In Diener NO v Minister of Justice and others (South African Restructuring and Insolvency Association and others as amici curiae)[5], the court dealt with the issue of whether the fees of a business rescue practitioner were ‘super preferent’ in the scenario where a company in business rescue subsequently went into liquidation. In analysing this issue, the court remarked that business rescue:
is intended to create an efficient, regulated and effective mechanism to facilitate the rescue of companies in financial distress – as long as they are capable of rescue – in a way that balances the rights and interests of the stakeholders[6].

As such, it is important for the directors and stakeholders in a company that is in distress to correctly ascertain whether a company is in financial distress and reasonably capable of rescue or whether the company is factually or commercially insolvent, and accordingly would need to be liquidated before electing which process to follow. The tests for business rescue and liquidation are set out below, as well as a general overview of the mechanisms of each process.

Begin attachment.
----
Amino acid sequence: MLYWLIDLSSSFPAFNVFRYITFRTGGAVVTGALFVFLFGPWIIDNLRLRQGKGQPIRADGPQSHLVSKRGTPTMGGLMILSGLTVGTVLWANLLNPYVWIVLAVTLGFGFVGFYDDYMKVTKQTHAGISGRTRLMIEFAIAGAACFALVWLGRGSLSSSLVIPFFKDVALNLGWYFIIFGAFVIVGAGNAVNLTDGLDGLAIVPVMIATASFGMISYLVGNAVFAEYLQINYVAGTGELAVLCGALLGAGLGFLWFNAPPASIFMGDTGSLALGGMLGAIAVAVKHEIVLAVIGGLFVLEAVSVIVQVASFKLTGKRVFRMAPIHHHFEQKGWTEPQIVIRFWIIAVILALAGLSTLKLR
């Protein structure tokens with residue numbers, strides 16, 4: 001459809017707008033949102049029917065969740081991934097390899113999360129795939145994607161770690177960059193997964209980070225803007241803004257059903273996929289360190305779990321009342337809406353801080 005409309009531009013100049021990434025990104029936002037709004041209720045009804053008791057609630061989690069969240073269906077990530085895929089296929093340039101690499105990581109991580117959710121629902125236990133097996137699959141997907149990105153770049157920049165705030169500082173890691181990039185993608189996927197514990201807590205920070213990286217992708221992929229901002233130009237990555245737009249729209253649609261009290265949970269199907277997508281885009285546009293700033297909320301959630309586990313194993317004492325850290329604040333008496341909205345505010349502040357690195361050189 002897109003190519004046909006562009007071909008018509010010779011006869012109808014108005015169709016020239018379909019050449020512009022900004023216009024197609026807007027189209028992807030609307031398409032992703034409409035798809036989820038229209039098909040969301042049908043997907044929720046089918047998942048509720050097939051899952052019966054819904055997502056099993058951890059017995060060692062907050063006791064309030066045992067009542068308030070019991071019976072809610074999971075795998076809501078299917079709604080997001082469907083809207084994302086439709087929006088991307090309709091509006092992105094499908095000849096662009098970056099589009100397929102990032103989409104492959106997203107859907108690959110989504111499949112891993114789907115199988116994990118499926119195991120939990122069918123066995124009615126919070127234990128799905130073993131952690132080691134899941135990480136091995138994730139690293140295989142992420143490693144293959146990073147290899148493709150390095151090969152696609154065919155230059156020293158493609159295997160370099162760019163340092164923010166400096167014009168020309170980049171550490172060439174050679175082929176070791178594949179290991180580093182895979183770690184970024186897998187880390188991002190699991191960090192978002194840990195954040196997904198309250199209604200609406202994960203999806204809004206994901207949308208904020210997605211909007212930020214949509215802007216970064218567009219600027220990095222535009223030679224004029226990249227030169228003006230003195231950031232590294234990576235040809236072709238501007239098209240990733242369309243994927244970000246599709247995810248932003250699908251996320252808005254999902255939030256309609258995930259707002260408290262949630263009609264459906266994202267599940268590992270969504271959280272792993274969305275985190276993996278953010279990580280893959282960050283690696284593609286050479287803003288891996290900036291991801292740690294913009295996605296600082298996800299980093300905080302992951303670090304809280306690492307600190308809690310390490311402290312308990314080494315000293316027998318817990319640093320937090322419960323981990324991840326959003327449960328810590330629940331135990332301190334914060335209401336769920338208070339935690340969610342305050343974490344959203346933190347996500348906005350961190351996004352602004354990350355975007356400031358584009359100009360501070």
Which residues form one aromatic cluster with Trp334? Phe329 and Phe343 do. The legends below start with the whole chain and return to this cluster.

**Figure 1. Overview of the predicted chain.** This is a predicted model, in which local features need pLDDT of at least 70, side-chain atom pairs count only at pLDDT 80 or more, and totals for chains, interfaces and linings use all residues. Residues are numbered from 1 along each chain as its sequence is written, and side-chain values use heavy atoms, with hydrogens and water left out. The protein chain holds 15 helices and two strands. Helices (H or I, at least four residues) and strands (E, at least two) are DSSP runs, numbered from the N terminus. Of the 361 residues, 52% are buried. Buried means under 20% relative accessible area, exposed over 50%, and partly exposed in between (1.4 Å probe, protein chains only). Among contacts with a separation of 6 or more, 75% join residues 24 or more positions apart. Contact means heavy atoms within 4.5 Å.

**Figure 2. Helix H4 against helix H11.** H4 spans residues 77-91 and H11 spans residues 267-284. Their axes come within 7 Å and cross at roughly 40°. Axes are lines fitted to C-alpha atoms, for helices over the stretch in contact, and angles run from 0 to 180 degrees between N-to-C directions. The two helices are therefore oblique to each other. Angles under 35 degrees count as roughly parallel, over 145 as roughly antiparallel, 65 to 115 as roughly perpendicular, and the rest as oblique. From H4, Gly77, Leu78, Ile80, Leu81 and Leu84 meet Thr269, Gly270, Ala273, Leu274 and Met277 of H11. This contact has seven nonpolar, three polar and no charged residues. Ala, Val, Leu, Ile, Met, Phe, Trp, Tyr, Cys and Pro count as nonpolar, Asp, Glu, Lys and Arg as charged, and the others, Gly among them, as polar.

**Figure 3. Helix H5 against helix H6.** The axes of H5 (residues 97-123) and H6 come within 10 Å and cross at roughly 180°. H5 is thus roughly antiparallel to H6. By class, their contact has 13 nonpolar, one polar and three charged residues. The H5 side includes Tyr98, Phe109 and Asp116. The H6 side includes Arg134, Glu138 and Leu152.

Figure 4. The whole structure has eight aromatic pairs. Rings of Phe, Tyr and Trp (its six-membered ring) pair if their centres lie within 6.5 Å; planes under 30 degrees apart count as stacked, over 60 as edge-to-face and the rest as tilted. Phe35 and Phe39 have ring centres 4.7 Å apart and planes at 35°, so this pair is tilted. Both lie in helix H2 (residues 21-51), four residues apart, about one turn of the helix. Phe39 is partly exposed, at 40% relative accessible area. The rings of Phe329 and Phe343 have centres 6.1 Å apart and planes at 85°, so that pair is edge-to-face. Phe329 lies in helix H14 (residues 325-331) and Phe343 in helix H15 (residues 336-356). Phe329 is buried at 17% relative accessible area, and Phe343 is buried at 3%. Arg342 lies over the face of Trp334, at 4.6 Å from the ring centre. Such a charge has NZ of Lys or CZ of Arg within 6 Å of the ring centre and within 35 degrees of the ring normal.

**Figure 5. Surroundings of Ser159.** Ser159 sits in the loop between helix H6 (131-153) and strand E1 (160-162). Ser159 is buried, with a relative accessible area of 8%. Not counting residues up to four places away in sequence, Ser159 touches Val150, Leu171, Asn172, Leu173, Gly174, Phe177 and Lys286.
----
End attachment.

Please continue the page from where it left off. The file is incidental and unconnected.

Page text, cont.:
A company will be said to be insolvent in terms of the Insolvency Act read with the Old Companies Act if its liabilities either exceed its assets (factual insolvency) or if it cannot pay its debts as and when they fall due (commercial insolvency). The latter is the more appropriate test (and the test used to determine the status of a company or corporation) as often companies are met with cash-flow issues and, accordingly, cannot pay their debts despite being factually solvent.